Power of Attorney and Reverse Mortgages
In a reverse mortgage transaction, extra care needs to be taken when a Power of Attorney is involved to ensure the transaction is not deemed unconscionable.
This article will provide a brief summary of how and when a Power of Attorney can be used by an individual when entering into a reverse mortgage.
What is a Reverse Mortgage?
With a reverse mortgage, a borrower can take out a loan using their home as equity. Typically, reverse mortgages are taken out by pensioners or retirees as there is no requirement to make repayments until the borrower has either vacated the property or died.
What is a Power of Attorney?
A Power Of Attorney (POA) is a formal instrument which grants an attorney authority or power to represent the principal. In New South Wales powers of attorney generally fall into the following categories:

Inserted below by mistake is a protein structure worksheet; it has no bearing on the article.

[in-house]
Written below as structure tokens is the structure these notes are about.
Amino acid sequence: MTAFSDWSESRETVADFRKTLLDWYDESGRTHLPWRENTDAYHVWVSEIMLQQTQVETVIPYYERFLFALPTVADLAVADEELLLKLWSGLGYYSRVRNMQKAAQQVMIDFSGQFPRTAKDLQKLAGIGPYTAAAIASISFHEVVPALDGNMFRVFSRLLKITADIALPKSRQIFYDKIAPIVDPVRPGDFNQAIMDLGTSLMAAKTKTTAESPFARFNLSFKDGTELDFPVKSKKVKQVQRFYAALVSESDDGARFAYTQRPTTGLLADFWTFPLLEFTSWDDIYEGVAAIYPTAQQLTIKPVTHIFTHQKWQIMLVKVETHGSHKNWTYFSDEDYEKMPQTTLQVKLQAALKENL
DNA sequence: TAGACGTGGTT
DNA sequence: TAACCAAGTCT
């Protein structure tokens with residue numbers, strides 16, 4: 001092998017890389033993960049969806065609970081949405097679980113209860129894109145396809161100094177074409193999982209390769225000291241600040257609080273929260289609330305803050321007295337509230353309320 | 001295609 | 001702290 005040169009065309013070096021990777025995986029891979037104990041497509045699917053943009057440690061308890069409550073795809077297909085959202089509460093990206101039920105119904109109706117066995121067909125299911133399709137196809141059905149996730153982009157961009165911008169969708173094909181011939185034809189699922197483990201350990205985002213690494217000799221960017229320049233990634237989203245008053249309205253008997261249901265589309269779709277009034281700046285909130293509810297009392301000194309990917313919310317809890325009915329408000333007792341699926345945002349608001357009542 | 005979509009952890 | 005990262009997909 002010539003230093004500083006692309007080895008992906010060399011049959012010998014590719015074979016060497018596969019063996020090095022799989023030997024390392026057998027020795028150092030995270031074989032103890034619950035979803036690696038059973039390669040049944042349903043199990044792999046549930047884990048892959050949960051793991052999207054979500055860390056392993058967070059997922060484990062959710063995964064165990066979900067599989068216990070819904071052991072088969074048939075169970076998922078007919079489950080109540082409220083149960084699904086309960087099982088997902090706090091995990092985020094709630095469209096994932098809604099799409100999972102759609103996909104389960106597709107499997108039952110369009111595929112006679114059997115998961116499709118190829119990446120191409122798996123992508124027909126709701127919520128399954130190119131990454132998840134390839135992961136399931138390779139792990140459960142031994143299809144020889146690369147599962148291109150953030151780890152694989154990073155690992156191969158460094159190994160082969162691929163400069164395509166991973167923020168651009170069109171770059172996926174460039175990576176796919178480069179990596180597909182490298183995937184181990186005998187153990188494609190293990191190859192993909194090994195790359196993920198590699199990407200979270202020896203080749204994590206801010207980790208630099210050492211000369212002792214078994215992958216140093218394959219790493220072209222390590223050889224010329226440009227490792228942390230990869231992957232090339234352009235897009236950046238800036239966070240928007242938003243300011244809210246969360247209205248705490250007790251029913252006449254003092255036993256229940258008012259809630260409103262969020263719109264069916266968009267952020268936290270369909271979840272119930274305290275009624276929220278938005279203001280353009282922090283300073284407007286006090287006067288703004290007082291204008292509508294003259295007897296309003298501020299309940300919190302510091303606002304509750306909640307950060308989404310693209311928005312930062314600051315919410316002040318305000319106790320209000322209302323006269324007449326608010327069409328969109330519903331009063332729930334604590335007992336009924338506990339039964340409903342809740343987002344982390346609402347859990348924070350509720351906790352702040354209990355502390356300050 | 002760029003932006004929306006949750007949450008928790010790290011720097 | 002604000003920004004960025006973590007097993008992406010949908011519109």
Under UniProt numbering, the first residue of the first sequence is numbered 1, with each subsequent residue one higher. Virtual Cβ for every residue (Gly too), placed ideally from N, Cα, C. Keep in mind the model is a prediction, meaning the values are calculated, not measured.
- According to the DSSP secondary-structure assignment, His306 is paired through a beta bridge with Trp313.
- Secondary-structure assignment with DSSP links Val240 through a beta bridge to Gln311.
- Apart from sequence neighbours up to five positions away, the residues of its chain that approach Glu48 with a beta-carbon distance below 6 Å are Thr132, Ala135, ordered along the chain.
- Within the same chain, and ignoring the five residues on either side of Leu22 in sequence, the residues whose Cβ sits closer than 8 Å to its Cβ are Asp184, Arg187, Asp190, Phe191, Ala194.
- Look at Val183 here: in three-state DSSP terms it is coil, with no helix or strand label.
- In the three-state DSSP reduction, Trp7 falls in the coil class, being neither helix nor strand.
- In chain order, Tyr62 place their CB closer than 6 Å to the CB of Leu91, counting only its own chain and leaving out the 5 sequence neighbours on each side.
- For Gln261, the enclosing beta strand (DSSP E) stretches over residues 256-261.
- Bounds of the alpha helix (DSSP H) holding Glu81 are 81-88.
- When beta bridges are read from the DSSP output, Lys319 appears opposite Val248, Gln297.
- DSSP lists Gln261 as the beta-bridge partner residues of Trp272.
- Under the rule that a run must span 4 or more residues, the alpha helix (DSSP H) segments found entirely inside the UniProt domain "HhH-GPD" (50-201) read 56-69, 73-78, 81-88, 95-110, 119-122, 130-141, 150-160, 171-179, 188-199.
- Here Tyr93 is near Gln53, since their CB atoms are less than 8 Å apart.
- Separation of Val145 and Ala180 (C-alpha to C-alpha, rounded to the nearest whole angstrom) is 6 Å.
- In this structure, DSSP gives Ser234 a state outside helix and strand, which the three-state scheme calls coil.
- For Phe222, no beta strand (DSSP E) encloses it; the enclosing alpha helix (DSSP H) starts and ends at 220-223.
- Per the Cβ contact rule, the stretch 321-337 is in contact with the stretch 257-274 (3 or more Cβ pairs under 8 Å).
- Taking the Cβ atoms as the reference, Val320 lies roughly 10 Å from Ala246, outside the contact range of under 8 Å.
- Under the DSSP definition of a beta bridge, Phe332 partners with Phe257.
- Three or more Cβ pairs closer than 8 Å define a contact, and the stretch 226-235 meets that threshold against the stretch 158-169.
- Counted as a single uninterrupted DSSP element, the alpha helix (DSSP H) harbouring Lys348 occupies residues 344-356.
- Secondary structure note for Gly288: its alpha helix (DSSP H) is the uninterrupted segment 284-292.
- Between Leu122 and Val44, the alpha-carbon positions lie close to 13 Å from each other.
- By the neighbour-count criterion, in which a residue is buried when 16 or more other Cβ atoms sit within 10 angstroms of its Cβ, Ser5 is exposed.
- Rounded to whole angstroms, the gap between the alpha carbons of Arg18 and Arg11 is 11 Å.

- General Power of Attorney – when you (principal) appoint someone (attorney) to manage both your financial and legal matters while you still have mental capacity to make your own decisions. The General Power of Attorney will terminate once you lose mental capacity. Please note that a power of attorney that is not registered is limited to daily dealings with bank accounts, credit cards, among other things and does not extend to entering into a new loan to mortgage the principal’s house. A conveyance or other deed affecting land under a power of attorney will only have effect when the instrument creating the attorney’s power to deal with land has been registered with Land and Registry Services. If there are no conditions or limitations listed in the general power of attorney or by implication (i.e. agreed via a conversation) that preclude the attorney from entering into a loan agreement, the attorney can generally enter into a loan using the standard form general power of attorney. However, such unexpressed conditions or limitations creates ambiguities arising from whether your attorney has the power to deal with land. It is best practice for the principal to express all conditions and limitations in the power of attorney and register a specific power of attorney (outlined below).